PTSD Affects Soldiers and Civilians Alike

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I’ve used this space to touch on the subject of Post Traumatic Stress Disorder in soldiers returning from fighting overseas. That one example has gotten a lot of coverage and raised awareness about PTSD, but it’s not just soldiers who are at risk. Nearly 8-million American adults will suffer from PTSD each year. It can stem from a number of incidents, such as hurricanes or tornadoes or even car accidents or physical abuse.

PTSD causes your brain to become stuck in the fight or flight instinct from a traumatic event. It is an anxiety disorder involving trauma, depression and anxiety.

It usually takes a month after an event that threatened your life or a loved one’s life before an individual can be diagnosed with PTSD. After that time has passed, if you are still feeling depressed or anxious and continuously thinking about the event, you may be experiencing PTSD.

Rosemary K.M. Sword and Philip Zimbardo have some warning signs that therapists look for when diagnosing PTSD at Psychology Today. They include:

  • Deperession- Not feeling like doing anything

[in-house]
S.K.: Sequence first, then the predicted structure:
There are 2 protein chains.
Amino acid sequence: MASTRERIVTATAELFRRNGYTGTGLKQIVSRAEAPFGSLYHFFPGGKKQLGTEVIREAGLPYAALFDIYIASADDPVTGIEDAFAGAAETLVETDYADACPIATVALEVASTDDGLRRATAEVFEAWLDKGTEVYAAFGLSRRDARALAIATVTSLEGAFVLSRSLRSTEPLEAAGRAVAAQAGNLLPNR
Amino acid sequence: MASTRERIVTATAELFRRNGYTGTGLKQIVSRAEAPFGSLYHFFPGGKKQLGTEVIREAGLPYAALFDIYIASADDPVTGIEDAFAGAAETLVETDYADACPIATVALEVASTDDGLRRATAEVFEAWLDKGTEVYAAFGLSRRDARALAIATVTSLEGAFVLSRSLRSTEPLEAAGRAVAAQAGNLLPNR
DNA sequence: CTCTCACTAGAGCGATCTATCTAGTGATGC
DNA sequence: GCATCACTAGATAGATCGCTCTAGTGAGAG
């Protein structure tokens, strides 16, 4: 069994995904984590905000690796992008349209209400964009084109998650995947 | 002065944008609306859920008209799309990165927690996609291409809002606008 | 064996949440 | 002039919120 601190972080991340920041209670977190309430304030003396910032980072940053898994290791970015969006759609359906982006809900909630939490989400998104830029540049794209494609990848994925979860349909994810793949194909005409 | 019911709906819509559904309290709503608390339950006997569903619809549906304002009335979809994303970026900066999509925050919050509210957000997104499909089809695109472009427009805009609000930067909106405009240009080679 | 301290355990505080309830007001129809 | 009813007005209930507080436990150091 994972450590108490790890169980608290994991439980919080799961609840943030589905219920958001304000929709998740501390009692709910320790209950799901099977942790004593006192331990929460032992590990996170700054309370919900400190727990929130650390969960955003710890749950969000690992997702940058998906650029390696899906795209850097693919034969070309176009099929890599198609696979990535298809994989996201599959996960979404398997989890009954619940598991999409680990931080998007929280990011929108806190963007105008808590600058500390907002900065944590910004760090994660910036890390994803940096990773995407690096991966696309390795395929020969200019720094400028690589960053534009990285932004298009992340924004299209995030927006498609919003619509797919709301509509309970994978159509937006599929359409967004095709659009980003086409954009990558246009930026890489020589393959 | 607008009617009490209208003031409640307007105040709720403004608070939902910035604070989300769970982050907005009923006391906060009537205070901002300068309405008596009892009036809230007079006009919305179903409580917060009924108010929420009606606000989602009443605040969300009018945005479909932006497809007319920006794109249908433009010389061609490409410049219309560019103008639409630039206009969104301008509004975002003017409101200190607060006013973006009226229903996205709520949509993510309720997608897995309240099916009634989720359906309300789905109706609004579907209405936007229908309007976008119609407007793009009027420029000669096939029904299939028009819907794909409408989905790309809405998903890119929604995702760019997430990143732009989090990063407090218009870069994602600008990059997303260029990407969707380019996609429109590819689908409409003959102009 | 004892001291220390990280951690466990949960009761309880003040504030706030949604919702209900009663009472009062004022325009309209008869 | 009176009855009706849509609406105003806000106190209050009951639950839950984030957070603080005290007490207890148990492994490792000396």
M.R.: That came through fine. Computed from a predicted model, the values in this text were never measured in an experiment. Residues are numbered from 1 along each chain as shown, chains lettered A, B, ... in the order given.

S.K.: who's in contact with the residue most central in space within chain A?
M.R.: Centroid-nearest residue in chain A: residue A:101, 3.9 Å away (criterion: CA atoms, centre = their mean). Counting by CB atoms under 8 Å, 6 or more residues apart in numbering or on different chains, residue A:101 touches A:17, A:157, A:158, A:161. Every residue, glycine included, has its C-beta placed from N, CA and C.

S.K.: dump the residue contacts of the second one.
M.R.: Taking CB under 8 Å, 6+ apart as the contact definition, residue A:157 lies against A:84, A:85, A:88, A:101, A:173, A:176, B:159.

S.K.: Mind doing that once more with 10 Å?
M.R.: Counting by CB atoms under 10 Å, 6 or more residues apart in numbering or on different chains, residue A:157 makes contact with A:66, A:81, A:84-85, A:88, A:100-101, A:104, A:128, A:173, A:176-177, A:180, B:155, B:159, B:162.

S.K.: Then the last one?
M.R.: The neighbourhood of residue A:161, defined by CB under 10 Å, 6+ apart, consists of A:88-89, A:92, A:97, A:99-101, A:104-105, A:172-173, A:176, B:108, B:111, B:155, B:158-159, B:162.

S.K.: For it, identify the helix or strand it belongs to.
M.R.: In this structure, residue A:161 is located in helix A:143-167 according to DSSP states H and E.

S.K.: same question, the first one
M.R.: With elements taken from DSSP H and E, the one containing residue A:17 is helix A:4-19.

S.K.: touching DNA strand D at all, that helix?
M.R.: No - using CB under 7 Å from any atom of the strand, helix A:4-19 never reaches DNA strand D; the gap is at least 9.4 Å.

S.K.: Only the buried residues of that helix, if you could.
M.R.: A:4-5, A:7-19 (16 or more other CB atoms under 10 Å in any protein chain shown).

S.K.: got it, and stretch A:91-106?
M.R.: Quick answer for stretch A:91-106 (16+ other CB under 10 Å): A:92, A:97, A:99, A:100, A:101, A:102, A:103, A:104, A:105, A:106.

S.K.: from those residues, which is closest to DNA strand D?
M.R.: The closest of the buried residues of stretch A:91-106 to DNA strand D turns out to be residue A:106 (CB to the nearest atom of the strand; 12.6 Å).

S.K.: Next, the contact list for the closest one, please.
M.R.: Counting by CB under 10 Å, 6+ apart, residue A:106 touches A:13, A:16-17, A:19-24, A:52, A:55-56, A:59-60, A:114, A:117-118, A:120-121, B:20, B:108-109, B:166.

• Anxiety or panic attacks- constantly feeling like something bad is about to happen
  • Intrusive recollections- memories of your traumatic event continually pop into your head
  • Nightmares
  • Detachment- feeling distant and losing trust in people
  • Outbursts of anger
  • Lack of concentration- forgetting people’s names, being unable to follow a TV show or read through an article
  • Easily startled

One of the dangers in a patient’s reaction to PTSD is how they cope. Too often, a patient will fill their life with unhealthy habits, such as drugs, alcohol or even working long hours in order to take their mind off a traumatic event. These are not cures for PTSD. If you suspect you, or someone you love may be suffering, call a mental health professional to get help.

 

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